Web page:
More than a year ago, I - like many others - was hunkering down for what I thought would be a two-week quarantine. Thirteen months later, I have found myself adapting to my circumstances. I have created a comfortable work-from-home space, embraced many home DIY projects. I’ve started a herb garden, purchased a inflatable baby pool (I don’t have a baby) and I have had enough time to get in and out of shape...multiple times. I have learned a whole lot about things I never questioned before “the great pause.” For instance, my perception of time is completely arbitrary: some days seem never-ending while in others, 24 hours do not feel like enough. I’ve also rediscovered the magic of a full-night’s sleep and what a blessing and privilege it is to have my health. There are some things I plan to forever eliminate from my life (I’m looking at you, non-stretchy jeans) and some things I hope to incorporate in the next phase of life (hello, neighborhood walks). I am also seeing many district partners grapple with the tensions of identifying what we want to take with us and leave behind in our next phase.
This is a special blog post because not only am I interviewing an expert in family outreach but I am interviewing my mom, Aleida Goetchius, who is truly my first mentor and forever hero. This is a translation of a conversation she and I had about her role as a Parent Liaison in Northern Virginia. Aleida has been a Parent Liaison for 16 years supporting all families with a specialty in supporting families from international backgrounds who are navigating the American school system for the first time. Aleida was named the 2017 Region 4 Outstanding Hourly Employee and one of five finalists for this year's Outstanding Secondary Teacher Award in her district. In this conversation, we talk a lot about support for families in general and most specifically for international families whose first language is not English. I hope you enjoy reading this conversation as much as I enjoyed having it.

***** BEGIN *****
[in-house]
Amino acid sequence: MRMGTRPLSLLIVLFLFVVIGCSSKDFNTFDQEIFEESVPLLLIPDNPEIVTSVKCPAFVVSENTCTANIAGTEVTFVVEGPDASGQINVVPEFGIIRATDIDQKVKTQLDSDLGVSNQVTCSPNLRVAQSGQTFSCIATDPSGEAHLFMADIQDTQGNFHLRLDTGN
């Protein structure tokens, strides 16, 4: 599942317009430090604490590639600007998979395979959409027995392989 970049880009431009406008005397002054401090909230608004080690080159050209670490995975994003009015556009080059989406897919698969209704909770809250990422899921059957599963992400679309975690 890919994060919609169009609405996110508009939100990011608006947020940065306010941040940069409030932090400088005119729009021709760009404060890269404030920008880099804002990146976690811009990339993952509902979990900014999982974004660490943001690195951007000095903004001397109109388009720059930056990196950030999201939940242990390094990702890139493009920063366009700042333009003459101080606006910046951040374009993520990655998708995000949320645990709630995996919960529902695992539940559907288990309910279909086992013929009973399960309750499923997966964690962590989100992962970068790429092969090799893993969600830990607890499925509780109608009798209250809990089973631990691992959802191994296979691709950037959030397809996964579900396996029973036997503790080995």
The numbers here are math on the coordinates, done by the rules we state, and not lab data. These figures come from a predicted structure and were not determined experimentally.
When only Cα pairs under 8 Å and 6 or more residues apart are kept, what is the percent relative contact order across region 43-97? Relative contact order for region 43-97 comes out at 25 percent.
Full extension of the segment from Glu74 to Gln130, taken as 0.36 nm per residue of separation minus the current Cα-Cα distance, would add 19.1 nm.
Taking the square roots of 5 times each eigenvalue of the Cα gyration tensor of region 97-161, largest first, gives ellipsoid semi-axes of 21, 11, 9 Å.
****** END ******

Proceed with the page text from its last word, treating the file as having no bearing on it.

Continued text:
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I moved a lot with my multi-cultural family as a kid. If you know me, you know this because I talk about it often. And this experience significantly impacted the way I view the world: I know what it means to be both a guest and a host, to speak the regional tongue fluently and not at all. If you’ve had a similar experience, then you know that it shapes you. I have seen my parents (and by extension, myself) be both locals and foreigners all in one day. These experiences have given me the gift of empathy.
Many school districts are closing to keep their communities safe from COVID-19. While we believe safety is the priority, we know that loss of classroom time could further achievement gaps due to paused learning. Since we are an education organization of primarily remote workers, we have a few tips we think you can utilize to maximize your time for those meetings or courses that cannot afford to be paused.
I walk in, dragging my feet a bit, set down my coffee, click on the speaker and with the first few notes of “Midnight Train to Georgia,” I get energy in my feet. I start to glide around the room as I spread out my Sharpies, hang the large Post-Its, and set out the candy. I know it’s going to be a good day.
The foam on the edges of the waves grazed the outside of my foot and I felt the sand catch my heel with every step. I was intently focused as I walked along the beach outside of my home in Jacksonville, Florida, considering my intention for 2020. It had been a few years since I had abandoned new year's resolutions in exchange for yearly intentions, which has proven to be a great decision. Gone are the days of abandoned gym memberships, replaced by a sense of wonder for new ways to move my body and build strength. This year, my intention has been to “be gentle,” to myself and others.